Washington County resident Tyler Gerot was granted a Waiver of Enforcement of Separation Distance for a hog building built on his property that was in violation of the separation distance required between the confinement building and the right of way.
Iowa code requires the building to be at a 100-foot separation distance between the public right of way and the building, but Gerot’s is only at 63 feet. He said he spoke with a county employee and was told there was no distance requirement per county code.
Washington County Engineer Jacob Thorius said the preference is that buildings are built back as far as possible to accommodate for future construction; however, there is no county restriction that enforces that. In this event, Iowa State Code is to be enforced which regulates the separation distance.
“My biggest concern is if you grant this waiver we’re opening the door for any other person out there who has to follow these regulations,” he said, explaining he feared this waiver becoming a snowball effect of other property owners coming to the supervisors for a waiver. “We’re setting ourselves up for more of this down the road.”
The DNR has not yet raised concern about the violation, but Rachel Rinner of Knee Deep Solutions, whose company creates manure management plans, accompanied Gerot and explained he was trying to act retroactively to solve the issue. She explained that the space did not require a manure management plan, therefore the DNR was not consulted and Gerot did not know about the restriction.
Thorius said he spoke to the DNR and though they did not have a plan of action as of yet, consequences could range from an administrative penalty to possibly closing the building.
Supervisor Jack Seward Jr. expressed that he was uneasy about granting a waiver for a rule not written by the county, but Thorius explained such waivers have been granted before, with the difference being those waivers were before the building was constructed.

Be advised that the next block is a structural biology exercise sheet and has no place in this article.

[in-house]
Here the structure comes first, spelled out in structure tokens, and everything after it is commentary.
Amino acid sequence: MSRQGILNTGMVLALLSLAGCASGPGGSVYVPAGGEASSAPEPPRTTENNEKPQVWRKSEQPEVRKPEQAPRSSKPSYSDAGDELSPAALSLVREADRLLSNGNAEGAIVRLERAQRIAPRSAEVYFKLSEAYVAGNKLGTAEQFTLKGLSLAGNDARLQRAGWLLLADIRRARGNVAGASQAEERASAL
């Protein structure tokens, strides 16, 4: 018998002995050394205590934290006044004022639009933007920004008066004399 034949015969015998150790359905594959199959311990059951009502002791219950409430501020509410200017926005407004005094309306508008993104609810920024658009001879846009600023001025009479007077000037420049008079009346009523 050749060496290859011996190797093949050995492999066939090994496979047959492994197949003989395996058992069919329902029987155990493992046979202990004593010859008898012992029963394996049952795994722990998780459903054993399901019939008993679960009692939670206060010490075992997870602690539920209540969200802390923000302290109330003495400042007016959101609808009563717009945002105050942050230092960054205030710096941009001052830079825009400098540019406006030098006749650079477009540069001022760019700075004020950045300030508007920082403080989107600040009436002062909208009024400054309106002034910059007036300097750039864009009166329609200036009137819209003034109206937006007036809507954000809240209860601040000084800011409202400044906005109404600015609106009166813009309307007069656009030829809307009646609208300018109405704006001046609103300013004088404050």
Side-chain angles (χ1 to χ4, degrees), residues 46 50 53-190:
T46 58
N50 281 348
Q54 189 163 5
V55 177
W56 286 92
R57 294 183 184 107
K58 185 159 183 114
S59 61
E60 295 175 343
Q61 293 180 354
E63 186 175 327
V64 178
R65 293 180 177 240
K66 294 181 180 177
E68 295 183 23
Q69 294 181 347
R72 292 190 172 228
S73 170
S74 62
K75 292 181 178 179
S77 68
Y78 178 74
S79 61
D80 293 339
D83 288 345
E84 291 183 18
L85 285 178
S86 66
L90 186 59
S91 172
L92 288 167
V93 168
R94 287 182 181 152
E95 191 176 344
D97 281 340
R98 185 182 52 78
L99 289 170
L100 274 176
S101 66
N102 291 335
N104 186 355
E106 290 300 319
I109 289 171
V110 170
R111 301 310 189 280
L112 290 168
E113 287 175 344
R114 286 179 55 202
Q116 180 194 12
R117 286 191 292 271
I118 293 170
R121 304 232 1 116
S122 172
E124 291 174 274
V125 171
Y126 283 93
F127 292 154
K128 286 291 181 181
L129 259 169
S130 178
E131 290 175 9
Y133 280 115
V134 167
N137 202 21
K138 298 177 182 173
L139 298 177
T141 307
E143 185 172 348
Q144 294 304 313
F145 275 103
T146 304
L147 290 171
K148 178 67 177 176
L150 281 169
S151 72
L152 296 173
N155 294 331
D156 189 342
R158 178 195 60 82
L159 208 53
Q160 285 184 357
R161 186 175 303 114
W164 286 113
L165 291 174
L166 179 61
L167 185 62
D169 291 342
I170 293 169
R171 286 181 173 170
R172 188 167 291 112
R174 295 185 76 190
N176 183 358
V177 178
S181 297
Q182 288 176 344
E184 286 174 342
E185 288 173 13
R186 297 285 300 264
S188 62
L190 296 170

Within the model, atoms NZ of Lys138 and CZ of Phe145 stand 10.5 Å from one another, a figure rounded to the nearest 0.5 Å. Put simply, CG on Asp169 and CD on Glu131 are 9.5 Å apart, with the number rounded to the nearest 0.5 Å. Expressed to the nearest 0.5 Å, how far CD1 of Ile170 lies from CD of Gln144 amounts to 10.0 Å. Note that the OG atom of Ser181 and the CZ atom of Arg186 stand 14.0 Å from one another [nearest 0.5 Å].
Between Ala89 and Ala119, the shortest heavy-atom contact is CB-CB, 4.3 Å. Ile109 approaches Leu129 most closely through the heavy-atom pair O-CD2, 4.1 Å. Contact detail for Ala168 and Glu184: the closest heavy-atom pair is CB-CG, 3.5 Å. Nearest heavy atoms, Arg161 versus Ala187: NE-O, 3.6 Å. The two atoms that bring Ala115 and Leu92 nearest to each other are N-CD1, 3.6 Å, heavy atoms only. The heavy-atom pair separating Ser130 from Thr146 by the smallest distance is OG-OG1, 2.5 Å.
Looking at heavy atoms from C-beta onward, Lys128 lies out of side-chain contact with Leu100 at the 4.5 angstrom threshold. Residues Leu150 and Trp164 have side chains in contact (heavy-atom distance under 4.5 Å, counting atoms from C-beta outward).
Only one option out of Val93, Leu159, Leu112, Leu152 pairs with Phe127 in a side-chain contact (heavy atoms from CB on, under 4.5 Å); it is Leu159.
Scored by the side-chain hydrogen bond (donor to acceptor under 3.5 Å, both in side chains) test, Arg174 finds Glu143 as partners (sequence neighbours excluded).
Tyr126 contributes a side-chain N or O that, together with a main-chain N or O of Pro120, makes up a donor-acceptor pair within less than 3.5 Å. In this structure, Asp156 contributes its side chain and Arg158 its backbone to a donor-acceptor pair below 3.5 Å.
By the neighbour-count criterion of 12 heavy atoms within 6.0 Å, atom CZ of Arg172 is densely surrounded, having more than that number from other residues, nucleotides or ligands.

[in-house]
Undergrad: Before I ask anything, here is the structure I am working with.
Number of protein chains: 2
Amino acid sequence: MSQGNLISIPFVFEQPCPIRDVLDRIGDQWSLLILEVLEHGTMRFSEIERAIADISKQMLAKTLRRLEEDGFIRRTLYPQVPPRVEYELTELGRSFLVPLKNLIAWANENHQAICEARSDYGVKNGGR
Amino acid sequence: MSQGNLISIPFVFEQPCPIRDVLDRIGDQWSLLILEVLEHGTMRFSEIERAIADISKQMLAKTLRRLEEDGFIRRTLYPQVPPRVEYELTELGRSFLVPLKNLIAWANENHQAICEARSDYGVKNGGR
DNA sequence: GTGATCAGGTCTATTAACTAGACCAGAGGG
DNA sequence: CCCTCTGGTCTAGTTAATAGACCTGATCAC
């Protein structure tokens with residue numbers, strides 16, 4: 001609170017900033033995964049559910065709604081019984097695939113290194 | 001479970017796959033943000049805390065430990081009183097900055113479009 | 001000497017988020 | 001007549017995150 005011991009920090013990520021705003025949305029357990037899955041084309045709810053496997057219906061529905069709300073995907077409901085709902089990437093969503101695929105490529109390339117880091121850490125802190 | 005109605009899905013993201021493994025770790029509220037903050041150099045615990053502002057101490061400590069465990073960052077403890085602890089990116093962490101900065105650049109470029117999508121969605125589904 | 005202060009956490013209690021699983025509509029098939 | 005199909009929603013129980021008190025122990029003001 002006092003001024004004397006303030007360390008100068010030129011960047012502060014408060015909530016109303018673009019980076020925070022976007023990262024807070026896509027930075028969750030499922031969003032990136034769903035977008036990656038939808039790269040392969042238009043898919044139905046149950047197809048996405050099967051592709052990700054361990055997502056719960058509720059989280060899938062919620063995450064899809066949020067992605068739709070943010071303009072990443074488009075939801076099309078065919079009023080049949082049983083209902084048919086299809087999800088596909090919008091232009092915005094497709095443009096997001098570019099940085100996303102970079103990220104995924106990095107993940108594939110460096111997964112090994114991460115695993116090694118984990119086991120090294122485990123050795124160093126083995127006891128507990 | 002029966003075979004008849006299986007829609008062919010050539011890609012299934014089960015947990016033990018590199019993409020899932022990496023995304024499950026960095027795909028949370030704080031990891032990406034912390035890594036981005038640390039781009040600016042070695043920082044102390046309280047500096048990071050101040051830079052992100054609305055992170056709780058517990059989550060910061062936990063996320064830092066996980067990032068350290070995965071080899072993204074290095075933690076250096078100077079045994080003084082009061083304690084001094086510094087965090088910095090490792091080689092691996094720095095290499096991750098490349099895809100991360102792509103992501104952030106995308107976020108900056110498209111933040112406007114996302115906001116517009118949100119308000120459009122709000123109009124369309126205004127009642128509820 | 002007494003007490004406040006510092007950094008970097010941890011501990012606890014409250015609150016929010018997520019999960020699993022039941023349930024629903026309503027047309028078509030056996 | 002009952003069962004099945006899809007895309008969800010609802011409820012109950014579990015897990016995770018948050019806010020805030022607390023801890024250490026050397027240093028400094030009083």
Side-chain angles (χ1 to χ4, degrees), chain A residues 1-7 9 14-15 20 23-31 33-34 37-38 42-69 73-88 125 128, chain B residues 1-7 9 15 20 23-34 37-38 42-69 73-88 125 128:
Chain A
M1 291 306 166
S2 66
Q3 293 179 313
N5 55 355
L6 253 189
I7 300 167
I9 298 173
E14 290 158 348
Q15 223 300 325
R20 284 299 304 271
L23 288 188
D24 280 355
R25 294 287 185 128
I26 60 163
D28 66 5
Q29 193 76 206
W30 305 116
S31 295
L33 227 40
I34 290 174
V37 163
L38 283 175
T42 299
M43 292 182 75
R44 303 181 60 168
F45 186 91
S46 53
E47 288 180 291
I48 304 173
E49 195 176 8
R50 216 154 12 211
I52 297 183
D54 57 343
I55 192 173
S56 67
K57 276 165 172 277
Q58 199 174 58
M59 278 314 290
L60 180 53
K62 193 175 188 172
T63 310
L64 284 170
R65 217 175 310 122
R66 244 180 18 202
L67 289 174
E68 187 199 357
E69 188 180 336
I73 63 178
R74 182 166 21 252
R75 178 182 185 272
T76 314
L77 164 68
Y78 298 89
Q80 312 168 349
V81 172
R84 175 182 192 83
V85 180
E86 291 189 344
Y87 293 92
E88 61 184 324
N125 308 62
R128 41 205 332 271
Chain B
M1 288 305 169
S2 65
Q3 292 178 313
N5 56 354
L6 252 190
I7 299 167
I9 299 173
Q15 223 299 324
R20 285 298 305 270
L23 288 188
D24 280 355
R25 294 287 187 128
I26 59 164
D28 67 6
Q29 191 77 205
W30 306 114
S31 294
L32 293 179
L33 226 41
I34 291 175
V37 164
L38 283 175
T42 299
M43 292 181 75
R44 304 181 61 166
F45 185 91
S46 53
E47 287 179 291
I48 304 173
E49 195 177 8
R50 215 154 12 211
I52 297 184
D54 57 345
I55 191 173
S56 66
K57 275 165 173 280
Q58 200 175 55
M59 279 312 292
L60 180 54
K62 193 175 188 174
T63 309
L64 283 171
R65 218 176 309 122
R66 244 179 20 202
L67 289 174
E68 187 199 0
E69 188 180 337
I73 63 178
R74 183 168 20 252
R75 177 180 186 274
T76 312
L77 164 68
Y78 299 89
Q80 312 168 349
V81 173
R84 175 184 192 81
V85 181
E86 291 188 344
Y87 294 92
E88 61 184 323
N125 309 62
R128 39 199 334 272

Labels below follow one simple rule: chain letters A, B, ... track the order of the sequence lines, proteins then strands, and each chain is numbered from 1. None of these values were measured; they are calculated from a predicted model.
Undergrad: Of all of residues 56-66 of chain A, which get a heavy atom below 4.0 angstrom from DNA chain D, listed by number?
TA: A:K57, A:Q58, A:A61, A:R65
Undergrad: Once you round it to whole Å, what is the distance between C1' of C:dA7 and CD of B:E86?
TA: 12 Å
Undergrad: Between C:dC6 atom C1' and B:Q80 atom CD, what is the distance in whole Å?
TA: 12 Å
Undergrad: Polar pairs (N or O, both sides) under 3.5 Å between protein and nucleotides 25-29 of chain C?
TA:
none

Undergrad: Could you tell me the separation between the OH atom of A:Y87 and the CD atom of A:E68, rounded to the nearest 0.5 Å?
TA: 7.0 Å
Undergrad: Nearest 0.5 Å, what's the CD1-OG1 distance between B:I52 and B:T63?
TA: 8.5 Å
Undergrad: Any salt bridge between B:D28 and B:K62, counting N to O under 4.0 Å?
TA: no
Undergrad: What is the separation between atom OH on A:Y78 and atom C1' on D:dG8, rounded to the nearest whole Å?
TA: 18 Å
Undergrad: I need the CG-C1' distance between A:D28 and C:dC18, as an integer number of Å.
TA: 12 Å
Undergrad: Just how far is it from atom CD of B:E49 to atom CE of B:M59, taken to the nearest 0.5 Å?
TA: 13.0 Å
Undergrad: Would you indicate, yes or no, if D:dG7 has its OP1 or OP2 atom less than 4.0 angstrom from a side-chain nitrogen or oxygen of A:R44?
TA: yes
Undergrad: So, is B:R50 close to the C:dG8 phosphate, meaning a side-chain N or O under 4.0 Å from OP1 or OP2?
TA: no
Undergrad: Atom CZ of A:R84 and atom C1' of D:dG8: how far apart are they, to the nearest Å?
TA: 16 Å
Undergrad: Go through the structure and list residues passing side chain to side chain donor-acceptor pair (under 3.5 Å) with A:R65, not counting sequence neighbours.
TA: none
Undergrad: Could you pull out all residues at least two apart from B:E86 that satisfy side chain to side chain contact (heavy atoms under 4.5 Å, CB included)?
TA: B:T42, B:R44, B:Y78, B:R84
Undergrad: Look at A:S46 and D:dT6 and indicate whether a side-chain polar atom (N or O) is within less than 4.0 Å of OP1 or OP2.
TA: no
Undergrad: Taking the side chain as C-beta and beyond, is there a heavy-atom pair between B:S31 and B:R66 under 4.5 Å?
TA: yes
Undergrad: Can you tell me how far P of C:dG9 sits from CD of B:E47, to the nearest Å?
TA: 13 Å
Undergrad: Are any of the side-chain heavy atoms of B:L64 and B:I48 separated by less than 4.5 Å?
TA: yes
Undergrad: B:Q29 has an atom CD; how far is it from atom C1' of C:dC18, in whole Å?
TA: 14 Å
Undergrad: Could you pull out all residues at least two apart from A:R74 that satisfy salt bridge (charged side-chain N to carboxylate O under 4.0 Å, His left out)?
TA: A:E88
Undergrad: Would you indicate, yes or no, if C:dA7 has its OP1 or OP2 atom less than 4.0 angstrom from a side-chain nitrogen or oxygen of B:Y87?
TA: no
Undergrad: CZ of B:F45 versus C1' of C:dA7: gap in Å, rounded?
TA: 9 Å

“The fact of the board granting a waiver, it’s called out in code to do that part I don’t think we should have any problems with, it’s more the fact that this is an after-the-fact waiver,” he said.
Supervisor Abe Miller said he felt Gerot was acting on good faith and Supervisor Stan Stoops echoed that sentiment, saying he was fearful of the potential consequences of an administrative penalty or having the buildings shut down.
“If the consequences are going to support doing something like that, I don’t want to do that to him,” he said. “I don’t want to shut this kid down.”
Seward said that after hearing all of the comments, his opinion on the matter was that this was a learning experience for people that even though the county may not have a law, they should always check with the DNR.
“You may not be required to have a plan, but there may be some other rules and regulations you have to abide by,” he said.
The motion passed 4-1 with Bob Yoder providing the sole nay vote.